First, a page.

Trump’s Contempt for Transgender Heroes

From The New York Times:

July 26, 2017

Last year, there was a reunion of the crew of the U.S.S. Francis Scott Key. The submarine had been launched in 1966, and was part of the Navy’s nuclear fleet until its decommissioning in 1993.

Machinist Mate First Class Monica Helms was nervous about going to the reunion. She’d served on the Francis Scott Key as well as on another sub for eight years. But she’d come out as transgender since that time. It wasn’t clear how her shipmates would react.

She needn’t have worried. “It was an amazing experience,” she told me. “We were just shipmates, that’s all it was.” Thirty years later, there was still a sense of loyalty, not only to the country, but to the people with whom she had served.

“The fact that we were all doing the same work, experiencing the same stress, going through the same problems, that put you on the same level as them. They see that you are willing to do the job, and you can do it, and they are fine with that. They trust you.”

I spoke with Ms. Helms on Wednesday, about an hour after President Trump announced, in a series of tweets, that transgender people are not welcome in America’s military, reversing a movement toward open and unashamed service initiated during the Obama administration.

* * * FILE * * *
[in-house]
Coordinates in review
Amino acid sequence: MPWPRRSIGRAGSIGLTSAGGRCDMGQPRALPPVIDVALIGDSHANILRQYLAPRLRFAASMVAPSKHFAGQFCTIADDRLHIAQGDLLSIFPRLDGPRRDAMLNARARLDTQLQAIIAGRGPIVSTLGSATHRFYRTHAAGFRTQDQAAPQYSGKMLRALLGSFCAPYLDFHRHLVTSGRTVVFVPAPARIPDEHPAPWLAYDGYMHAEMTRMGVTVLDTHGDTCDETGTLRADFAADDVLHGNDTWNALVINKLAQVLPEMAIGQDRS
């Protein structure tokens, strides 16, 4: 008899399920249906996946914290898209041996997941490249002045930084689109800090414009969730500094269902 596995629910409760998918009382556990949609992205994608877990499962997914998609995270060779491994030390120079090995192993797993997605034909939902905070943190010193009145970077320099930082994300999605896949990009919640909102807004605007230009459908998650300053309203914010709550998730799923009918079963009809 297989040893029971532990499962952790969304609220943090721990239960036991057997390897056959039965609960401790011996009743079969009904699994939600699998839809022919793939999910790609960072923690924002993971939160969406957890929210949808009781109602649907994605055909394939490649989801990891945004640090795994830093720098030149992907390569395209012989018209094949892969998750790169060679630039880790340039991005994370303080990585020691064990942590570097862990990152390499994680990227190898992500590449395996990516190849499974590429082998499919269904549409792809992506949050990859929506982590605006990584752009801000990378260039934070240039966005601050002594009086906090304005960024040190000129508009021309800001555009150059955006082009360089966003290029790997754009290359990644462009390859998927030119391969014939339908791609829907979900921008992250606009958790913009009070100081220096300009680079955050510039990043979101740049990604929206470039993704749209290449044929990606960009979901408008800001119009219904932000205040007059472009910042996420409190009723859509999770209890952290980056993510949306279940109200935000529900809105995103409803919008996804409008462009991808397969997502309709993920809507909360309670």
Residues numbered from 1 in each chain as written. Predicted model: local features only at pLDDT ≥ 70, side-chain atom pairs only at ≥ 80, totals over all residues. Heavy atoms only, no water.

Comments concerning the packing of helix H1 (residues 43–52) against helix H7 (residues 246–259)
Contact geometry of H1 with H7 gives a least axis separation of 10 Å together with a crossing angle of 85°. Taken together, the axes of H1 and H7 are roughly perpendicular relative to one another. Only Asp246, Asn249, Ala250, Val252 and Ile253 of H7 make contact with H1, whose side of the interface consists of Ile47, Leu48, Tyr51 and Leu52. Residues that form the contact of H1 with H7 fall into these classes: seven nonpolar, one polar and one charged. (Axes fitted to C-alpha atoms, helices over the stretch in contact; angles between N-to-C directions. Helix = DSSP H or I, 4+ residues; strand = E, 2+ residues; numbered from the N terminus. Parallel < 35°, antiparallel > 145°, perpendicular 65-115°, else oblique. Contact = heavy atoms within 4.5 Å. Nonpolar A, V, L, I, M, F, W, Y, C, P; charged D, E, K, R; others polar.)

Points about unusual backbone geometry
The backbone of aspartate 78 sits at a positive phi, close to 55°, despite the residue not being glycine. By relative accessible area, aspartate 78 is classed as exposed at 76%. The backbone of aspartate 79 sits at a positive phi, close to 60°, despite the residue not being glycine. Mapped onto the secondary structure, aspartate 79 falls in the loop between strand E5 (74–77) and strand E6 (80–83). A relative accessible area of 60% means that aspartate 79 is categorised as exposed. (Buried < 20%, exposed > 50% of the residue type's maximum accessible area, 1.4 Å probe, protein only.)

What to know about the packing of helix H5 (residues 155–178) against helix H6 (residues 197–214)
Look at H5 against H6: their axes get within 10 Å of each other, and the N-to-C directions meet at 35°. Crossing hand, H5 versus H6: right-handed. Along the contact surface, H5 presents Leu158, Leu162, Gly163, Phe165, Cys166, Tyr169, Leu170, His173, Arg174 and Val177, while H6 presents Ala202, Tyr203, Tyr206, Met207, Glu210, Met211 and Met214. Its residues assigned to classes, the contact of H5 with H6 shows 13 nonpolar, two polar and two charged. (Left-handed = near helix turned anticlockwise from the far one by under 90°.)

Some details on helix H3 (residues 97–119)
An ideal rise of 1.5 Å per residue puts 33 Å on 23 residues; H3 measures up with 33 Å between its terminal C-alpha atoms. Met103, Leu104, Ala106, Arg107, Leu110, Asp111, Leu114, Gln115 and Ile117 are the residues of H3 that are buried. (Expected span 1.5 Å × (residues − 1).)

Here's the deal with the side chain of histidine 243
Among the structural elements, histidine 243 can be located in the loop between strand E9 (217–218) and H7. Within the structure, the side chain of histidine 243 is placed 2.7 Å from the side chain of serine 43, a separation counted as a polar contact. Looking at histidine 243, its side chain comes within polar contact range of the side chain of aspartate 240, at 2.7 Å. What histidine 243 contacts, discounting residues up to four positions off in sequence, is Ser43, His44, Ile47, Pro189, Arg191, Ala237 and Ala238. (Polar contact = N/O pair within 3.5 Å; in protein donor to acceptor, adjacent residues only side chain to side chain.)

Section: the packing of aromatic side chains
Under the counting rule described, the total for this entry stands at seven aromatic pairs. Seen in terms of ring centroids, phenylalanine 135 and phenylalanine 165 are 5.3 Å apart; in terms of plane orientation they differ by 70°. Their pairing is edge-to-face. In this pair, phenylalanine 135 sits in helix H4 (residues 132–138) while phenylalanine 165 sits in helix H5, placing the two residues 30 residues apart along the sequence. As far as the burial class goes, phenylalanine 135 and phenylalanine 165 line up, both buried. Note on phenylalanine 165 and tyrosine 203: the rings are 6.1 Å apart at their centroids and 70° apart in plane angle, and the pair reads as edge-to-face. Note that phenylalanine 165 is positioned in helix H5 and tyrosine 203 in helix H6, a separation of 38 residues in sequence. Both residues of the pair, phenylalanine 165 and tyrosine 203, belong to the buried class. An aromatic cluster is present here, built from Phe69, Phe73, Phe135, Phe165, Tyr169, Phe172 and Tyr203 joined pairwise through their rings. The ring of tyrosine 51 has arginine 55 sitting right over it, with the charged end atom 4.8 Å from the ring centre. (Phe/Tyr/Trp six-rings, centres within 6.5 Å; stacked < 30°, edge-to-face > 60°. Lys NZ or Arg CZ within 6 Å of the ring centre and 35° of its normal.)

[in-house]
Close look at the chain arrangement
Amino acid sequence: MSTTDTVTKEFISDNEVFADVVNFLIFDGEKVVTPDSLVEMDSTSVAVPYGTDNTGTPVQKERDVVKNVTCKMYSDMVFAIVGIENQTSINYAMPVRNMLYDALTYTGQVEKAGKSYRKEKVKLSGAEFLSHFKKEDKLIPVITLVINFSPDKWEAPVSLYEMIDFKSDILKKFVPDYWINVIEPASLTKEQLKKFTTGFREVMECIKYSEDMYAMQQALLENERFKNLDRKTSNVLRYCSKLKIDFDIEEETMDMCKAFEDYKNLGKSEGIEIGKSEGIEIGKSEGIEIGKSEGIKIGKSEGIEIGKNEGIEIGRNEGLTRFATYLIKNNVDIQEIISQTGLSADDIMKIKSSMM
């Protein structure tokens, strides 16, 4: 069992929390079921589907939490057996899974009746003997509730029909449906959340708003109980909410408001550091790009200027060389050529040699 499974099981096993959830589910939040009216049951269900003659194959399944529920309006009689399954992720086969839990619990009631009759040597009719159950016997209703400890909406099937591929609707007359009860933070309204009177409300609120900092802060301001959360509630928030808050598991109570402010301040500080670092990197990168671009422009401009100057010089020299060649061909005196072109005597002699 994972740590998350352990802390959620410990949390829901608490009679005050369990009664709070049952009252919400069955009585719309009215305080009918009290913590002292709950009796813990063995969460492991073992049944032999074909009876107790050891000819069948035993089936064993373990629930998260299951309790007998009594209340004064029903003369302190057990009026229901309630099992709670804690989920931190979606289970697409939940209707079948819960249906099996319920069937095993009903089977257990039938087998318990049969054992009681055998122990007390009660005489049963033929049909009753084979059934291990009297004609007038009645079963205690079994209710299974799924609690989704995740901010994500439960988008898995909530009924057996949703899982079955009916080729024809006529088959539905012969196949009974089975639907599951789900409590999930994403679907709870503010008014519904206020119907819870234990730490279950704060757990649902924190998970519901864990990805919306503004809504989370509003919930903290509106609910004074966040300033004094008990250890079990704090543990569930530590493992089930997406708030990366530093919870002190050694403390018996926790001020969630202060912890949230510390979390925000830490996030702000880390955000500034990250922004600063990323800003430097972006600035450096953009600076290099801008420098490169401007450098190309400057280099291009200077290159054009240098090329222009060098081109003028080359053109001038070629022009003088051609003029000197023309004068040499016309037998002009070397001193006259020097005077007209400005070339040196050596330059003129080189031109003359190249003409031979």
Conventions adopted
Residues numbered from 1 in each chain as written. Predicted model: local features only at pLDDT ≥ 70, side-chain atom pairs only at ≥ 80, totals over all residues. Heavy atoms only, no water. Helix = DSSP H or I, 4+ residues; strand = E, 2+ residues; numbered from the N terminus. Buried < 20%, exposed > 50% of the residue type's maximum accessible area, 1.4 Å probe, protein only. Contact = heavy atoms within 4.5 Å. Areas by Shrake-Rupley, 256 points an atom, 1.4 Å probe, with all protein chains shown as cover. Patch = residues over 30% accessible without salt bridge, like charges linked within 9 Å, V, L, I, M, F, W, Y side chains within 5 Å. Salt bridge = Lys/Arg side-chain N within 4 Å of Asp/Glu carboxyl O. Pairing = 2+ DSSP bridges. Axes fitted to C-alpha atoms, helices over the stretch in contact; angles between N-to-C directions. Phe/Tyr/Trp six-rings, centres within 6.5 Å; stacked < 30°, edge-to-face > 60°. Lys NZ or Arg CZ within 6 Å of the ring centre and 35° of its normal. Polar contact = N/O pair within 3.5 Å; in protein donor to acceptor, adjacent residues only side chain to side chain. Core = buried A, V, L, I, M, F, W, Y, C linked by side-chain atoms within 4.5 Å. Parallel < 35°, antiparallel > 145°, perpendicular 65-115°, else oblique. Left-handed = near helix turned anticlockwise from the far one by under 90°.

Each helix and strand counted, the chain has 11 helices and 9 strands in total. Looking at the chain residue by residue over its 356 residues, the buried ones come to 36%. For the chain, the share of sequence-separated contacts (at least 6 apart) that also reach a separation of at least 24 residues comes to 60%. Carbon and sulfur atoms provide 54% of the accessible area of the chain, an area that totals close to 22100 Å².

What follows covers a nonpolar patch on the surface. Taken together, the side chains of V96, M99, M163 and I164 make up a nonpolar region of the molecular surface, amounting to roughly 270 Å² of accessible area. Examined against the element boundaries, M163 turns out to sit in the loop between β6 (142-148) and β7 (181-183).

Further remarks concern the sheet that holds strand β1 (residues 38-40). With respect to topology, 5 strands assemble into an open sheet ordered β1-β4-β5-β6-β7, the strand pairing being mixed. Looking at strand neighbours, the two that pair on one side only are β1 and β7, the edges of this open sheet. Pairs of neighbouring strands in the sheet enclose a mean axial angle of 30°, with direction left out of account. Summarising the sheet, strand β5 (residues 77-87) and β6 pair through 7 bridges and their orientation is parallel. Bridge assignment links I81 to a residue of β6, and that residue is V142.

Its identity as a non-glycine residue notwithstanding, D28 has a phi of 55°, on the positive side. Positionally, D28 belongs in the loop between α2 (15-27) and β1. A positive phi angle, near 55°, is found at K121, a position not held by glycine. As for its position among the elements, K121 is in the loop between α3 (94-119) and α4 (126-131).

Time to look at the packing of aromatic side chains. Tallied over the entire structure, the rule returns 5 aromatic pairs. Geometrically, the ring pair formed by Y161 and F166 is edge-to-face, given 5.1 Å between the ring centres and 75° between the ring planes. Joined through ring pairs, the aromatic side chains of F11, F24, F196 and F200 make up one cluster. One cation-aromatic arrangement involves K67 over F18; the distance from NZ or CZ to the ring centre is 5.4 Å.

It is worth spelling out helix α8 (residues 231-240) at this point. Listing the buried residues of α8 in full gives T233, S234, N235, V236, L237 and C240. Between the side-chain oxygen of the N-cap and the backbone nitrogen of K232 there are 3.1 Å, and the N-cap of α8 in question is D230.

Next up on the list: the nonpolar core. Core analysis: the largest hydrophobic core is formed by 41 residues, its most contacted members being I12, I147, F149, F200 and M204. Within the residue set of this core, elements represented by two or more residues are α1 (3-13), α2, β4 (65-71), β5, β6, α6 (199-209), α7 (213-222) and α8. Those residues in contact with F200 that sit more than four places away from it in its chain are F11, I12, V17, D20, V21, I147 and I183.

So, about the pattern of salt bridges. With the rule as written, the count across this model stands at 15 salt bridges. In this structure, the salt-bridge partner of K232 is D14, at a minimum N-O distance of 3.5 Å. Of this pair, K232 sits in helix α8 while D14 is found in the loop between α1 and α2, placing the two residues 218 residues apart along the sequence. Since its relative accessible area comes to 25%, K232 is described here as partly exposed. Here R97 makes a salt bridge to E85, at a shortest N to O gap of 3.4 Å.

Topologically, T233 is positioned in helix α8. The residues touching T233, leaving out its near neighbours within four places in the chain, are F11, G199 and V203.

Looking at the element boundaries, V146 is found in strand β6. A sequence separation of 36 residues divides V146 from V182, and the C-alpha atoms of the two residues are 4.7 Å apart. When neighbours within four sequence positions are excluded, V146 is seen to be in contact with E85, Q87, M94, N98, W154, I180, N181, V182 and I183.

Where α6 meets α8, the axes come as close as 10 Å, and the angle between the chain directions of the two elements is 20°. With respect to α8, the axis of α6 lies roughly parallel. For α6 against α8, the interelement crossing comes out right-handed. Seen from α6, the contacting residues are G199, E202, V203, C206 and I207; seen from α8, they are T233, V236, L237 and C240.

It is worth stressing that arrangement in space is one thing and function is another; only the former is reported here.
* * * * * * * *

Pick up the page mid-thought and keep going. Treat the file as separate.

No, thank you, President Trump. Thank you for making it clear, once again, that you were lying during the campaign when you tweeted to L.G.B.T. people: “I will fight for you while Hillary brings in more people that will threaten your freedoms and beliefs.”

Transgender Americans have served and are serving courageously in our military. “I came from a long line of people who have served in this country,” said Ms. Helms. “To have someone say to me, I’m not worthy to be allowed to serve, simply because I’m different, is a horrible and bigoted way of looking at things.”

The statement isn’t just horrible and bigoted. It’s also inaccurate. Trans medical costs to the military are not “tremendous” — they are negligible.

A RAND study commissioned by the former defense secretary Ashton B. Carter found that transgender service members would “cost little and have no significant impact on unit readiness.” It estimated that paying for active-duty members to transition would cost $2.9 million to $4.2 million a year. The study also found that there are around 2,450 transgender active-duty service members (though other estimates go above 15,000). What will these people do now?

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